# New Directions in Bandit Learning: Singularities and Random Walk Feedback

My thesis focuses new directions in bandit learning problems. In Chapter 1, I give an overview of the bandit learning literature, which lays the discussion framework for studies in Chapters 2 and 3. In Chapter 2, I study bandit learning problem in metric measure spaces. I start with multi-armed bandit problem with Lipschitz reward, and propose a practical algorithm that can utilize greedy tree training methods and adapts to the landscape of the reward function. In particular, the study provides a Bayesian perspective to this problem. Also, I study bandit learning for Bounded Mean Oscillation (BMO) functions, where the goal is to ``maximize'' a function that may go to infinity in parts of the space. For an unknown BMO function, I will present algorithms that efficiently finds regions with high function values. To handle possible singularities and unboundedness in BMO functions, I will introduce the new notion of $\delta$-regret -- the difference between the function values along the trajectory and a point that is optimal after removing a $\delta$-sized portion of the space. I will show that my algorithm has $ \mathcal{O} \left( \frac{\kappa \log T}{T} \right) $ average $T$-step $\delta$-regret, where $ \kappa $ depends on $\delta$ and adapts to the landscape of the underlying reward function. In Chapter 3, I will study bandit learning with random walk trajectories as feedback. In domains including online advertisement and social networks, user behaviors can be modeled as a random walk over a network. To this end, we study a novel bandit learning problem, where each arm is the starting node of a random walk in a network and the reward is the length of the walk. We provide a comprehensive understanding of this formulation by studying both the stochastic and the adversarial setting. In the stochastic setting, we observe that, there exists a difficult problem instance on which the following two seemingly conflicting facts simultaneously hold: 1. No algorithm can achieve a regret bound independent of problem intrinsics information theoretically; and 2. There exists an algorithm whose performance is independent of problem intrinsics in terms of tail of mistakes. This reveals an intriguing phenomenon in general semi-bandit feedback learning problems. In the adversarial setting, we establish novel algorithms that achieve regret bound of order $\widetilde{\mathcal{O}} \left( \sqrt{ \kappa T}\right) $, where $\kappa$ is a constant that depends on the structure of the graph, instead of number of arms (nodes). This bounds significantly improves regular bandit algorithms, whose complexity depends on number of arms (nodes).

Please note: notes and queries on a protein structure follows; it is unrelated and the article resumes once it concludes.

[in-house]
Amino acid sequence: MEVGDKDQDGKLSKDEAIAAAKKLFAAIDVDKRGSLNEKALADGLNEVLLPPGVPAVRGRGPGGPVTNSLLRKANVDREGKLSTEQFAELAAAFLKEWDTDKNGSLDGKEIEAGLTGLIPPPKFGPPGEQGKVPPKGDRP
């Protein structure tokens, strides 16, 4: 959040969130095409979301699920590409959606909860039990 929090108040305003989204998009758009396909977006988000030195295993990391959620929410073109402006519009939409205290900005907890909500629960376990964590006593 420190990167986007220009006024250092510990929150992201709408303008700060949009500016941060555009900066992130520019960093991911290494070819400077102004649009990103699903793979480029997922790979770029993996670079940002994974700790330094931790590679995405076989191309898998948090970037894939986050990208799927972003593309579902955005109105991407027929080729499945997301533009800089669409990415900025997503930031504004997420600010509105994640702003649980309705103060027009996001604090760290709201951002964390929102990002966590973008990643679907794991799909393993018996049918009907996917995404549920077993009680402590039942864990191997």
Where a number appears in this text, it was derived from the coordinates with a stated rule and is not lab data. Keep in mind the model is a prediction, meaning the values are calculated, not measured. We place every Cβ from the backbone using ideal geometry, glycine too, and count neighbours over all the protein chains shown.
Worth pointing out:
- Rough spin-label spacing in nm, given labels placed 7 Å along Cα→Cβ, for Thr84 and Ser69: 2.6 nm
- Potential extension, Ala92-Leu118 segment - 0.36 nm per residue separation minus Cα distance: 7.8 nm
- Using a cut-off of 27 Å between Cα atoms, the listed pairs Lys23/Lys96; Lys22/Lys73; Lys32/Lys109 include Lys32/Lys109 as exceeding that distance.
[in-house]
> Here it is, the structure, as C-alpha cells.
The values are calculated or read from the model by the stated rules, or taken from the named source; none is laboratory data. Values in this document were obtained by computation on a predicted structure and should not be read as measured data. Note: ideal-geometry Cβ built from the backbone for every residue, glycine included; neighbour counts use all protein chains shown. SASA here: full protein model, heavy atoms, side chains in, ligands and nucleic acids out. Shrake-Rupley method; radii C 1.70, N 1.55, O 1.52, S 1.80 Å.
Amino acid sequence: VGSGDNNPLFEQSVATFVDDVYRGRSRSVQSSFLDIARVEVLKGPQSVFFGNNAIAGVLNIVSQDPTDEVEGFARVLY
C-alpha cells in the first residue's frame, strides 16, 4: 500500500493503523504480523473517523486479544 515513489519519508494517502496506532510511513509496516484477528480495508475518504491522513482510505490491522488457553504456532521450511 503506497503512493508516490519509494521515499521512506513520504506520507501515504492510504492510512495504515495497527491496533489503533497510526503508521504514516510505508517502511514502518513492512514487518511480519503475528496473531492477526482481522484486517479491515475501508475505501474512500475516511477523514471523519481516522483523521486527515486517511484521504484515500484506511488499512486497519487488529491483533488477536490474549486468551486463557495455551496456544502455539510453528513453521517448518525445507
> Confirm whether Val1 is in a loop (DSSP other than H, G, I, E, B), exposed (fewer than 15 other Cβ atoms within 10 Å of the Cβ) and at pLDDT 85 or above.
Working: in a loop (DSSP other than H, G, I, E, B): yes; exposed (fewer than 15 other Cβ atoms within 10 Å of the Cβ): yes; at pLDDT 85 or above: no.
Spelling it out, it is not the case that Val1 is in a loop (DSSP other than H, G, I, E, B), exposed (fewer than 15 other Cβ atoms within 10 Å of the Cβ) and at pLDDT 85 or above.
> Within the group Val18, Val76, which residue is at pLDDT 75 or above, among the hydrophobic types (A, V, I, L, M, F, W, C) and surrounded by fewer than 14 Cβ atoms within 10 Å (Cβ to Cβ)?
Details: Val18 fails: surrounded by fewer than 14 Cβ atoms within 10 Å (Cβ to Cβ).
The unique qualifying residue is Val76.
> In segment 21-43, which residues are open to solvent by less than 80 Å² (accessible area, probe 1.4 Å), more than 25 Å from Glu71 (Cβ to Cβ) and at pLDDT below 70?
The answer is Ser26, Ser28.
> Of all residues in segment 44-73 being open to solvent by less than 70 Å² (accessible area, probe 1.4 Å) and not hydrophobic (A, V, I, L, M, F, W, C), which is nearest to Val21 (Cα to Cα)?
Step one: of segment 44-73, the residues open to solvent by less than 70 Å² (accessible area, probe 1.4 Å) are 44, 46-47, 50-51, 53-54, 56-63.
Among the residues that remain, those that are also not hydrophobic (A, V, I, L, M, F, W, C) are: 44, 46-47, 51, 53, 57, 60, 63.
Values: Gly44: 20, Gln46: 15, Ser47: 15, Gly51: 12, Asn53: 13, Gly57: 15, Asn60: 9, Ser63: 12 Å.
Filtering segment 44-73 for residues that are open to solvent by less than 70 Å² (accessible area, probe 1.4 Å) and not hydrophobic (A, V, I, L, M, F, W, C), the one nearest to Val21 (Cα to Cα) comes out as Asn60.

*New Directions in Bandit Learning: Singularities and Random Walk Feedback.*Dissertation, Duke University. Retrieved from https://hdl.handle.net/10161/23014.

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